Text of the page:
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May 17, 2013 | Liz Weston, Money Talk
Dear Liz: A few years ago I finished paying off my debt and now am in the very low-risk credit category. I have savings equal to about three months' worth of bills and am working to get that to six months' worth. I'm wondering, though, about an emergency that may require me to pay in cash (such as a major power outage that disables debit or credit card systems, or the more likely event that I forget the ATM or credit card at home). How much cash should a person have on hand? Is there a magic number?
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CALIFORNIA | LOCAL
April 12, 2014 | By Paige St. John
FRENCH CAMP, Calif. - California's $840-million medical prison - the largest in the nation - was built to provide care to more than 1,800 inmates. When fully operational, it was supposed to help the state's prison system emerge from a decade of federal oversight brought on by the persistent neglect and poor medical treatment of inmates. But since opening in July, the state-of-the-art California Health Care Facility has been beset by waste, mismanagement and miscommunication between the prison and medical staffs.
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BUSINESS
January 30, 2014 | By Jim Puzzanghera
WASHINGTON -- Federal regulators moved Thursday to expand the ability of people to send texts to 911 in emergencies, and are working on rules that would require wireless carriers to enable such messages by the end of the year. The Federal Communications Commission voted unanimously that texting to 911 should be widespread, and to begin soliciting comments from the public and industry about whether a Dec. 31 deadline for establishing the capability would be feasible. "Access to 911 just simply has to keep pace with technological change," said FCC Chairman Tom Wheeler.
HOME & GARDEN
April 12, 2014 | Anne Colby
Rustic Canyon's sylvan beauty and funky charm cast its spell on Jill Soffer a dozen years ago. She liked the neighborhood's relaxed environment and abundance of sycamore trees and purchased a home there in 2002. "There's all this green around. It's not too manicured," Soffer said appreciatively. "People are easygoing, everything is a little overgrown, and the creek in the middle of everything is a little shaggy. You can hear the frogs at night. " She planned to renovate her 1920s three-bedroom house, but hadn't yet when she met and then in 2008 married Greg Adler, who had two young sons.
BUSINESS
August 26, 2000 | Reuters
United Airlines, the world's largest airline, is downgrading the "operational emergencies" it declared at six airport locations to force mechanics to work overtime, the machinists union said. The union, the International Assn. of Machinists, said the decision to pull back on the mandatory overtime was made after discussions this week between the union and United.
NATIONAL
July 11, 2009 | Kristina Sherry
Airplane control problems last summer could have led to disaster for then-Sen. Barack Obama and his presidential campaign, according to a report released Friday by the National Transportation Safety Board. On July 7, 2008, a McDonnell Douglas MD-81 en route to Charlotte, N.C., and carrying Obama and 50 other passengers and crew made an emergency landing in St. Louis. An evacuation slide within the tail cone had inflated shortly after takeoff from Chicago.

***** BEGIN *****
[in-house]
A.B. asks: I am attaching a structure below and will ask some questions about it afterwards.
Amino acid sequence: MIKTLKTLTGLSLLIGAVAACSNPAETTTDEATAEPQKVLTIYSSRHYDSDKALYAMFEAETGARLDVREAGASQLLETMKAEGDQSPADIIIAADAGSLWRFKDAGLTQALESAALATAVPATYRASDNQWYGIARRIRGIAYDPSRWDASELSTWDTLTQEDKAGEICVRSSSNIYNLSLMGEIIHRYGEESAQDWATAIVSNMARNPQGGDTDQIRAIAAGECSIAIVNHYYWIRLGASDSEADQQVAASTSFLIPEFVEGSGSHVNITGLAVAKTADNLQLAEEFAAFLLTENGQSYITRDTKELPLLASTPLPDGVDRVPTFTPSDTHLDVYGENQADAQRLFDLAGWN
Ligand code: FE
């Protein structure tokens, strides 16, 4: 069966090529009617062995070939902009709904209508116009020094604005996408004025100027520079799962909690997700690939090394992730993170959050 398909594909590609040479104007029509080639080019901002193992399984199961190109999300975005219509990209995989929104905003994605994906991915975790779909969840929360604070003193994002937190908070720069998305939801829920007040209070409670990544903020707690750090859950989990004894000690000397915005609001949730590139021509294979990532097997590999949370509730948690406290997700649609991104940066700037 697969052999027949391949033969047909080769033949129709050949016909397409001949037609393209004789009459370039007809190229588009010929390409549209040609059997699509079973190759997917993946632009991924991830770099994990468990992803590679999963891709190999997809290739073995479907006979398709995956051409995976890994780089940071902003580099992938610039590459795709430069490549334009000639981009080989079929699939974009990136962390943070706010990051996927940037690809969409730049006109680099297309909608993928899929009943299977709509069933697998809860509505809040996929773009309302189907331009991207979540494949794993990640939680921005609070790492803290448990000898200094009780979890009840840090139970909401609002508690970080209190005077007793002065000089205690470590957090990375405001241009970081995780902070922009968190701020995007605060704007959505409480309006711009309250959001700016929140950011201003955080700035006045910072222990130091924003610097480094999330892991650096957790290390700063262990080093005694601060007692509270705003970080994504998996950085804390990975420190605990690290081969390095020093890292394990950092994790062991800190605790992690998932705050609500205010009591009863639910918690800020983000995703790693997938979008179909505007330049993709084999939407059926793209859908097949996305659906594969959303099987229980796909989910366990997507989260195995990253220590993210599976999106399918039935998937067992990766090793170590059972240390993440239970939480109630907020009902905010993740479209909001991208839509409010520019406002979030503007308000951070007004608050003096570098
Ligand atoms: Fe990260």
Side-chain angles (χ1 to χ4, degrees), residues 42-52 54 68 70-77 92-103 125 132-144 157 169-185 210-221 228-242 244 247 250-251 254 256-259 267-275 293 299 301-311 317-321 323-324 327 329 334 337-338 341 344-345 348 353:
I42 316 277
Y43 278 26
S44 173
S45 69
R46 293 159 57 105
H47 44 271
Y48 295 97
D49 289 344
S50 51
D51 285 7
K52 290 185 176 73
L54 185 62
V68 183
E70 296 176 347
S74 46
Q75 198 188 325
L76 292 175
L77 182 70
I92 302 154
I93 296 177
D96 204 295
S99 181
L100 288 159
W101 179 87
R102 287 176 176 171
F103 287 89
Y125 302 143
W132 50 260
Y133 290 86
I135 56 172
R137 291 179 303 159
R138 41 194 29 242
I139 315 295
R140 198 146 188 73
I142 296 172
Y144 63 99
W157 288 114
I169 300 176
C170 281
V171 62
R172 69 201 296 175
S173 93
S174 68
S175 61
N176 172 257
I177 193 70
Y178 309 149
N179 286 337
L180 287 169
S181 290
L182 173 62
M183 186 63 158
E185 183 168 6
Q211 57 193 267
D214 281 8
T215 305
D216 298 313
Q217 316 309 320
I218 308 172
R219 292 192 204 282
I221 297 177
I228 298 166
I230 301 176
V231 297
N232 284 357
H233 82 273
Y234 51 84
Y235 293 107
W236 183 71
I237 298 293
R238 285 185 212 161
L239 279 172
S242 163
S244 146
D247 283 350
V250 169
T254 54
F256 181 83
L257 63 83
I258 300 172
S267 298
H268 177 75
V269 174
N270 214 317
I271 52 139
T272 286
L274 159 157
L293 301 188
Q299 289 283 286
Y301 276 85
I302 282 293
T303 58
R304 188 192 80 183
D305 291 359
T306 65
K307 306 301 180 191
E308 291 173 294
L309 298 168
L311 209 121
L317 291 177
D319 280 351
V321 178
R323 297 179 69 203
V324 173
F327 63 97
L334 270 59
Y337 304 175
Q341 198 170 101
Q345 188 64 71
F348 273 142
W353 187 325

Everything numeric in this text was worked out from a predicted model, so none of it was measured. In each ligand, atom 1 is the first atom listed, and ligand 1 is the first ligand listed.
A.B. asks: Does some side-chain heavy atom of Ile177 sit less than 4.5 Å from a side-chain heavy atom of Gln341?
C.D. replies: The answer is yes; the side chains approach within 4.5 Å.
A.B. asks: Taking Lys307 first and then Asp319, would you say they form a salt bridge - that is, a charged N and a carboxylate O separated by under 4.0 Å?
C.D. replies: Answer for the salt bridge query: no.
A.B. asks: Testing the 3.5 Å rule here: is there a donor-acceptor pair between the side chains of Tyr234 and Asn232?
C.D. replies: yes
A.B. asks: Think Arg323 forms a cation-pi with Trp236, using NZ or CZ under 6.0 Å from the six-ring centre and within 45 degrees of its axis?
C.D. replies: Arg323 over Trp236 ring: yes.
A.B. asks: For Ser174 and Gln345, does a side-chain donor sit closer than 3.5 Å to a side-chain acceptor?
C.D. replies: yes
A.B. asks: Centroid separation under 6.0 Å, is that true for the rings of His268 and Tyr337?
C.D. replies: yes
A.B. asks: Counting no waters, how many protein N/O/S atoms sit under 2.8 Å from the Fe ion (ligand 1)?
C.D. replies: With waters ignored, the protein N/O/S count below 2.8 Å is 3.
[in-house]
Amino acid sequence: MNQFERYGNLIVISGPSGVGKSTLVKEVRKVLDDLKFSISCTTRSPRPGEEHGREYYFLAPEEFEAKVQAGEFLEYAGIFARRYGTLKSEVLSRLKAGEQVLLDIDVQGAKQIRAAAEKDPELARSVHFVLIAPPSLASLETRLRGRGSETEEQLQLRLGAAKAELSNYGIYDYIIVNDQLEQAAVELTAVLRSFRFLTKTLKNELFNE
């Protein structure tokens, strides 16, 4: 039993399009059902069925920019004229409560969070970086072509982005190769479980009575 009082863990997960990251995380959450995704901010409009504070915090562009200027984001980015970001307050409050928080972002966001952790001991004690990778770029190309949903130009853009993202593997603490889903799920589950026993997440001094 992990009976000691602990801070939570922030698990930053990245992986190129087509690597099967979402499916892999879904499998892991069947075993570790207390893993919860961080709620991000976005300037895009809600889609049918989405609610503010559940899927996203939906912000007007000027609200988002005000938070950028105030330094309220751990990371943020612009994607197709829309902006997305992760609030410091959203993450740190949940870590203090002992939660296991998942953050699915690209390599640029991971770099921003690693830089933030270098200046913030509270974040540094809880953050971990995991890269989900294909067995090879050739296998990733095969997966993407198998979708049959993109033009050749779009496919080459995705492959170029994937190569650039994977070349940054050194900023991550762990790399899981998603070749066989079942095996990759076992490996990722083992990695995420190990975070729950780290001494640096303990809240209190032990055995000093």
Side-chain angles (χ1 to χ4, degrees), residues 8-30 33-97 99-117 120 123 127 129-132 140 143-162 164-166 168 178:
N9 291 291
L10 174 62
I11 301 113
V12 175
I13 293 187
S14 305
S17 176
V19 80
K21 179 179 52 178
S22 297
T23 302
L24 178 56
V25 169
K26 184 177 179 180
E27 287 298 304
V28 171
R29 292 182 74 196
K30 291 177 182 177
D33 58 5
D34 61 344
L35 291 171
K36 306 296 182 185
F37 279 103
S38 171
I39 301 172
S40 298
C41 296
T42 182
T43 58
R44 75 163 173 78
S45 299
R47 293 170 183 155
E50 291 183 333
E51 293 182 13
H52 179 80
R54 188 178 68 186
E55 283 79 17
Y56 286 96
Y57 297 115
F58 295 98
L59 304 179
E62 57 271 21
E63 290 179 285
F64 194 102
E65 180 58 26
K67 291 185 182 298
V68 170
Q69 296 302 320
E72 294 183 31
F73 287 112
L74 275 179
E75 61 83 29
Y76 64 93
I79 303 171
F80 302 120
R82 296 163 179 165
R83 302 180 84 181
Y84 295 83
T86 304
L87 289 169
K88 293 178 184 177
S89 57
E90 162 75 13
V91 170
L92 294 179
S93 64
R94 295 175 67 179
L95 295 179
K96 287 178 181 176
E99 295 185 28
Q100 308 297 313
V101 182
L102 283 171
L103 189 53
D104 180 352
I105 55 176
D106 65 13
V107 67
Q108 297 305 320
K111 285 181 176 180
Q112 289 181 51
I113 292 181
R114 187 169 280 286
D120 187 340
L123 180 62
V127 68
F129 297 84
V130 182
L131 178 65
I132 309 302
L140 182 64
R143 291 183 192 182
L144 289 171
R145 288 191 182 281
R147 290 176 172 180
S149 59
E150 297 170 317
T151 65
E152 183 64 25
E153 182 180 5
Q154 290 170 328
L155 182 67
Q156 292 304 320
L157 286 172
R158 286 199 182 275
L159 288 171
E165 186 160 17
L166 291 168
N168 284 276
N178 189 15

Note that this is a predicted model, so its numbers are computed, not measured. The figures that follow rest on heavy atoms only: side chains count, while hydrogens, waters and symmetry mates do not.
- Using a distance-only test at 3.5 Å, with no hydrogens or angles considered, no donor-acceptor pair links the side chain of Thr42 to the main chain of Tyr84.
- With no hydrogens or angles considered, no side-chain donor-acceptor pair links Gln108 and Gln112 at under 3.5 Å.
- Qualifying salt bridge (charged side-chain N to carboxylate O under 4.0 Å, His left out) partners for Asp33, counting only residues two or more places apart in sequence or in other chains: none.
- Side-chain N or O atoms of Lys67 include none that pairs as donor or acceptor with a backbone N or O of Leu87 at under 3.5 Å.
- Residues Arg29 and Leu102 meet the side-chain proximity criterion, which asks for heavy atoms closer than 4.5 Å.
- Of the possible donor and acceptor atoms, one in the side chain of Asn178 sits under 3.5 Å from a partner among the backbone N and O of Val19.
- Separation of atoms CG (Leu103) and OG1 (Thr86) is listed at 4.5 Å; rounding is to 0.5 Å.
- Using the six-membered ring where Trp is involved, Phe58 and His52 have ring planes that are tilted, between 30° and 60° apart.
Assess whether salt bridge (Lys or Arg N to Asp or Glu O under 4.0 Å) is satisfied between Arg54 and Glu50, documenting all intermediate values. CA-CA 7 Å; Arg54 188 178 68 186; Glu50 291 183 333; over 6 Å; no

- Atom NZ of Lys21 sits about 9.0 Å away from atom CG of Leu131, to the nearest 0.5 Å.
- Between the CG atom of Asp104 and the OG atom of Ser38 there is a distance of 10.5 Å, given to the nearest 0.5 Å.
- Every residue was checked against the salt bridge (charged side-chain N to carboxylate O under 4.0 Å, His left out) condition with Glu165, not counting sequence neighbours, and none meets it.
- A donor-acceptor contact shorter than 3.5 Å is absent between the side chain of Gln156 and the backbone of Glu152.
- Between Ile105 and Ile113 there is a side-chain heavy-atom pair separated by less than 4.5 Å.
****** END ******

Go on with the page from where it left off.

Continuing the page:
CALIFORNIA | LOCAL
February 14, 1989 | STEPHEN BRAUN, Times Staff Writer
It was the Cat Lady again. The night before, the amiable, elderly caller had rung up the Los Angeles Police Department's 911 emergency command center five times. Monday morning, she called the Police Department twice more, as she has done almost daily for 18 years, to ramble on about her "kittens." "Those cats sure do get around," sighed Lisa Turner, a police operator, before gently persuading the woman to hang up.
CALIFORNIA | LOCAL
June 23, 2013 | By Jack Leonard and Joe Mozingo
Los Angeles fire paramedics and police had relatively little to do during Sunday's CicLAvia, as authorities reported no major medical emergencies or arrests at the city's seventh car-free event. One cyclist was reportedly struck by a vehicle about 2:15 p.m. along Wilshire Boulevard near Lorraine Boulevard in the city's Mid-Wilshire neighborhood but was adamant that he did not require medical attention, despite an initial complaint of back discomfort, city fire spokesman Brian Humphrey said.
CALIFORNIA | LOCAL
July 29, 1994
For the duration of the strike, the Metropolitan Transportation Authority has established emergency service on seven of the San Fernando Valley's busiest routes. There are fewer buses on those lines, however, and MTA officials cautioned passengers to expect to wait twice as long as usual between buses. For example, they said, if a bus normally reaches a particular stop every 20 minutes, buses on the emergency lines will probably arrive up to 40 minutes apart.
NEWS
November 22, 1990 | Associated Press
A state of emergency declared after ethnic violence flared in the Central Asian republic of Kirghizia in June has been lifted, Tass reported Wednesday. The official Soviet news agency said the state of emergency "accomplished its task" and conditions in the republic had stabilized. The clampdown was imposed on June 7, along with a curfew in the capital of Frunze and the town of Osh, about 200 miles to the south, where fighting between ethnic Kirghiz and Uzbeks claimed more than 210 lives.
CALIFORNIA | LOCAL